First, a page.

A magic encounter happened about three years ago... I was driving on a very familiar road to and from work everyday. There was nothing much exciting on either side of road except one subdivision after another; lavish estate homes with yardmen working on their front lawn 24 hours a day and the worse part of my everyday commute was there were 8 traffic lights in less than one mile road. While stopping at the last traffic light and imagined soon I would hop onto a four-line freeway, my heart started racing. Suddenly, I heard a flock of Canada Geese flew over my head with their wings stretching open and watched them lowered their landing gear- their webbed feet. “There must be a lake inside!” a quick thought jumped out of my brain. As traffic started moving, in stead of turning right onto my speedway, I went through the light and made a painful U-turn only to come back to see those geese. Canada Geese are very popular here. You can always see them near water or on a golf course. To me, every wild bird is my opportunity as long as I have my camera with me. The funny truth is I walk with my camera :)
This is a well-known neighborhood with ten feet tall stone walls along sides of front entrance. No one really pays much attention to it if they don’t live there. As passing through a mini golf course like hill, I made a right turn into the neighborhood, first thing came into my view was a large man-made lake with a beautiful fountain in the middle. Canada Geese already scattered all over the lake …One thing caught my attention even more was seeing two large white spots at the very far end of lake. I was thinking they might be just two domestic white ducks since swan of any kind was considered to be rare and Mute Swan was not allowed (or encouraged, I should say) to be reported on eBird because they were considered a pest in most of states! Omg, can anyone even believe this! As I parked my car, went to trunk got my camera and binocular, walked alone the gravel path and came down to the lake. By the time I reached the bank, it was too dark for me to ID these two white birds. So I decided to make another trip next day.
Weekends quickly approached and they were the wondrous days to fellowship with my birder friends. I swung by lake after morning field trip to see if I could see anything unusual or surprising. Bingo! Without my binocular, even before pulling in parking lot, I was sure they were two Mute Swans!! Overjoyed, I snapped a lot of shots, good and bad and just wanted to make sure I had their solid images imprinted inside my camera. For the next three years, visiting swan lake became my weekly routine or whenever I had a chance. Strangely though, this pair had not reproduced.
(Male swan chases Canada Geese away from his territory)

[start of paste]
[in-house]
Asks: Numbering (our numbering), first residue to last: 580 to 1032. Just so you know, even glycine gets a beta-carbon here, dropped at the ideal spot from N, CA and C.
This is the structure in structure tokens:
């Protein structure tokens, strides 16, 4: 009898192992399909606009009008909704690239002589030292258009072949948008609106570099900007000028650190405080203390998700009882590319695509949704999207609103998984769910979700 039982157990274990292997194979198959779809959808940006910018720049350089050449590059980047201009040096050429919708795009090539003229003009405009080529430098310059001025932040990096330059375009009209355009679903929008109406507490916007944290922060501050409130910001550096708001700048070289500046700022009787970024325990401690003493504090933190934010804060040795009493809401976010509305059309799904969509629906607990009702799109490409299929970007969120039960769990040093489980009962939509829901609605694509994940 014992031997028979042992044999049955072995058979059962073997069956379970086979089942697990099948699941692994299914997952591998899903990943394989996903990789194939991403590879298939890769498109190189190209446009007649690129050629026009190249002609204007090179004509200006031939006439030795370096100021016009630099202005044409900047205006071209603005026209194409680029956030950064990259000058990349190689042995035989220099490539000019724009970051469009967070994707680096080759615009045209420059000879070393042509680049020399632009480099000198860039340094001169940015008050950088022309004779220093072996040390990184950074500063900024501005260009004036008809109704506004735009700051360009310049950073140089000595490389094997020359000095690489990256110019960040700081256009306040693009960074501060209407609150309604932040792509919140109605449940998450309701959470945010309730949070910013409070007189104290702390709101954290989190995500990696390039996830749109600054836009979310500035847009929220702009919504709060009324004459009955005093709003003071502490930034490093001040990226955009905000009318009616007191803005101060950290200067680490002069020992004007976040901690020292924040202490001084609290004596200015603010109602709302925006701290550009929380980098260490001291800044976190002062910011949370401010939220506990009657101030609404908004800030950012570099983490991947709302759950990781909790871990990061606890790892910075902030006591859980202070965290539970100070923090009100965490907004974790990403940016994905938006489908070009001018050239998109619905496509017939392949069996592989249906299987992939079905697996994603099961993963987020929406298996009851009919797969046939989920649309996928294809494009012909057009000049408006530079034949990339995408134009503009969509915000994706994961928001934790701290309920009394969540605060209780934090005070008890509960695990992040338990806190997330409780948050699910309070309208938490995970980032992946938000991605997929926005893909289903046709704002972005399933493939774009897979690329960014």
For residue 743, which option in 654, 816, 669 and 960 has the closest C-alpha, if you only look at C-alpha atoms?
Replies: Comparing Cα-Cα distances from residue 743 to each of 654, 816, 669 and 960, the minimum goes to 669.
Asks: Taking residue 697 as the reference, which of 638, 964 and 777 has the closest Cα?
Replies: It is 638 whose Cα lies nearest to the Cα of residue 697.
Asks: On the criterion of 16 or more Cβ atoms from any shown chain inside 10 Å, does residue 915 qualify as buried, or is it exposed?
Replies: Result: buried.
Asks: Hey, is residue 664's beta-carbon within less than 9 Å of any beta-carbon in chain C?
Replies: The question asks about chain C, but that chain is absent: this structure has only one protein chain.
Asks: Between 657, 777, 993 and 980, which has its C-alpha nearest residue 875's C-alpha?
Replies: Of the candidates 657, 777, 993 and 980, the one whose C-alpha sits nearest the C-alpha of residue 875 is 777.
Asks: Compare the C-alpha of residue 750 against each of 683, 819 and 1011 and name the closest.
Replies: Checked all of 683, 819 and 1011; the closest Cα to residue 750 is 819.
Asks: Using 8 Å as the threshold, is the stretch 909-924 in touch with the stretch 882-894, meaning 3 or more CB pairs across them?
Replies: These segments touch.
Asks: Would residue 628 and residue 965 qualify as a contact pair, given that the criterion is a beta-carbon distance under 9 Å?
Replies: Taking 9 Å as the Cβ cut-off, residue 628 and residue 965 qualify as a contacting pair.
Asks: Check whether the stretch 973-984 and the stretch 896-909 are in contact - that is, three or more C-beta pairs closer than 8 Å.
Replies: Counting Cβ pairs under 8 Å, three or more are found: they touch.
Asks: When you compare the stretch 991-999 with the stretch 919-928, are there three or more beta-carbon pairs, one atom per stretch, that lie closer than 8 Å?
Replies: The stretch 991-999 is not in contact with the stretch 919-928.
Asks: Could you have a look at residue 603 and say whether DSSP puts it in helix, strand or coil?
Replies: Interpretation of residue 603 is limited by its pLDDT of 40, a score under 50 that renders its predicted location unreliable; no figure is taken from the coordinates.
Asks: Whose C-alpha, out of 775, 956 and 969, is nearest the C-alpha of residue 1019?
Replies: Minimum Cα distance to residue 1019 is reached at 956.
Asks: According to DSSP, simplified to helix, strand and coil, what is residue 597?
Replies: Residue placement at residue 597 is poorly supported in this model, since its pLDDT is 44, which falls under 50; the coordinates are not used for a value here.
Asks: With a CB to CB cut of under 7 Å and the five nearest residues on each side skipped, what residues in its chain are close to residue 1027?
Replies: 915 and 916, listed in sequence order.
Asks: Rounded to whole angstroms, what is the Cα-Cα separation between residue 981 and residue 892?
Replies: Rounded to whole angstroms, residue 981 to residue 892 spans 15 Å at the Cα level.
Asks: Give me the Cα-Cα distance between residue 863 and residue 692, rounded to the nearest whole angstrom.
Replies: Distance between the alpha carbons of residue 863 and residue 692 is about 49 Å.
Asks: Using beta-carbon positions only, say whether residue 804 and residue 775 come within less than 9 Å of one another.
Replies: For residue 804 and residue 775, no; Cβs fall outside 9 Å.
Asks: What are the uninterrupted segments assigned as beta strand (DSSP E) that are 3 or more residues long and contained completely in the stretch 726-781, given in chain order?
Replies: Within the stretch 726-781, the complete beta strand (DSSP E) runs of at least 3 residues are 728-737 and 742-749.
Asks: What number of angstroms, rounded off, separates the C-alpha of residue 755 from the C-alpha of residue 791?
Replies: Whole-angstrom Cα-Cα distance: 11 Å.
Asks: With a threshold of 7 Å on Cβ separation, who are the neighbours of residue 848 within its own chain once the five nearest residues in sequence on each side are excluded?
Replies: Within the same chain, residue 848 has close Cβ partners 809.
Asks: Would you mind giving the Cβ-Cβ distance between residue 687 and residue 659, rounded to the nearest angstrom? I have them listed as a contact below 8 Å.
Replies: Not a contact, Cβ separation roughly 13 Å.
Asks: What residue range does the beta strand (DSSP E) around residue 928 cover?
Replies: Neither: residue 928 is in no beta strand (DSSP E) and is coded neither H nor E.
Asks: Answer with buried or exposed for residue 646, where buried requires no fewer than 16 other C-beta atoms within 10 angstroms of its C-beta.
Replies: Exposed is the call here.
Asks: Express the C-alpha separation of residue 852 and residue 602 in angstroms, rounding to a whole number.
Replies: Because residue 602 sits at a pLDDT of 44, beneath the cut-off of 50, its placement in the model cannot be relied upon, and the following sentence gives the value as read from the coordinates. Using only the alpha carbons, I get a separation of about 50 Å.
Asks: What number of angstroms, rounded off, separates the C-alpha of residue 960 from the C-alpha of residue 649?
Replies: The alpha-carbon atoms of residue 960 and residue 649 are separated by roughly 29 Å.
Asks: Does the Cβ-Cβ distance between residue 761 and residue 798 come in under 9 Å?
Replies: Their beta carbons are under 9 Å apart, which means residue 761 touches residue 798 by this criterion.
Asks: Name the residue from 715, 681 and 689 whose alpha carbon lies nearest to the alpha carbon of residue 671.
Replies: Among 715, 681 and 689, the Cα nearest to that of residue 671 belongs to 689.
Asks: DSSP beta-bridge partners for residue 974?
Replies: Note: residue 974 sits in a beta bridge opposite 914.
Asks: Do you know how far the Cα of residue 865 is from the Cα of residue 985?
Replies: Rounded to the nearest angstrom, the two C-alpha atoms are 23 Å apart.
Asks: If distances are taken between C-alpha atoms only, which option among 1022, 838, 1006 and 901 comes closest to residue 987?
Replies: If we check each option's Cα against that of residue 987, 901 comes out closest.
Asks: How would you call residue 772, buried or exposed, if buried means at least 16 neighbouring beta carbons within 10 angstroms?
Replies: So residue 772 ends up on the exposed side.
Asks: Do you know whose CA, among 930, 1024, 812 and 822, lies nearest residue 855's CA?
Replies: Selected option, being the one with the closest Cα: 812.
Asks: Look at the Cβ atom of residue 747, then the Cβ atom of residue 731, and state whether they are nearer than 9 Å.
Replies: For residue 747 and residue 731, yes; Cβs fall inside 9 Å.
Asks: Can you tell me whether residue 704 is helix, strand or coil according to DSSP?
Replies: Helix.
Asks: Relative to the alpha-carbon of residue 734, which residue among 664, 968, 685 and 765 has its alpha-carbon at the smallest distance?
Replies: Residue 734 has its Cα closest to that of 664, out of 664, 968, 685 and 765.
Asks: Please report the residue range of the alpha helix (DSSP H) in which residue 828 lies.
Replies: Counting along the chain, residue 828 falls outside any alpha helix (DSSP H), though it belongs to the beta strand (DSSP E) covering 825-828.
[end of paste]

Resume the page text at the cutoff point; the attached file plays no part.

Mute Swan is originated from Europe and Asia. They were introduced to North America to grace pond and lake of some estate homes. Some escaped from captivity become aggressive towards other native waterfowl. But others have different opinion that Mute Swan’s long neck brings back a lot of aquatic vegetation while stirring bottom of the lake that other waterfowl might find difficulty to reach. I prefer the latter because I witnessed some Mallards and White-front Geese were perfectly compatible with this pair around them.
Another interesting fact makes Mute Swan a symbol of “True Love” is that Mute Swan is reported to be monogamous and they mate for life. A swan will only remate if his or her mate dies. A male swan normally mates with older female will go to her territory; and if a younger female mates with an older male, she then will go to his territory. Though, they are not sexually dimorphic, males (12 to 15 Kg) are about 25% larger than females (9 to 12 Kg). I often see them eat together, splash water to each together, swim together and when they are in a romantic mood, they will entangle their long necks for a brief second! They are not very vocal that’s why they are called “Mute Swans”! But when they fly, their wings beats make a unique vibrant sound which transpires through sky and can be heard from almost a mile away. If there are foreign visitors stop by the lake, male raises his both wings speedily swims to chase them away from his beloved mate. He is very territorial and always in alert and I am sure he is very protective too! Often time, these two swans swim close by each other brings nothing but peace and tranquility to this lake. Few residents told me, before this area was developed, sometimes 20 years ago, two lovers came to this lake, consummated their love under a starry night. Their marriage was disapproved by their families. Later, the young lovers were reported missing. No one can prove the factuality of their story but two swans have been spotted since then...
(Aggressive pose displayed by a male swan )
To Mute Swans, they have no songs for their loved ones, but they display their love and affection by “doing things” for each other! He protects her and provides her with a safe breeding ground and in return, she dances for him and makes a fine nest to carry the most beautiful cygnets! Who says you need music to dance ..., you don’t! And, if you only want to dance!
Happy Birding & Happy Reading!- Linda :)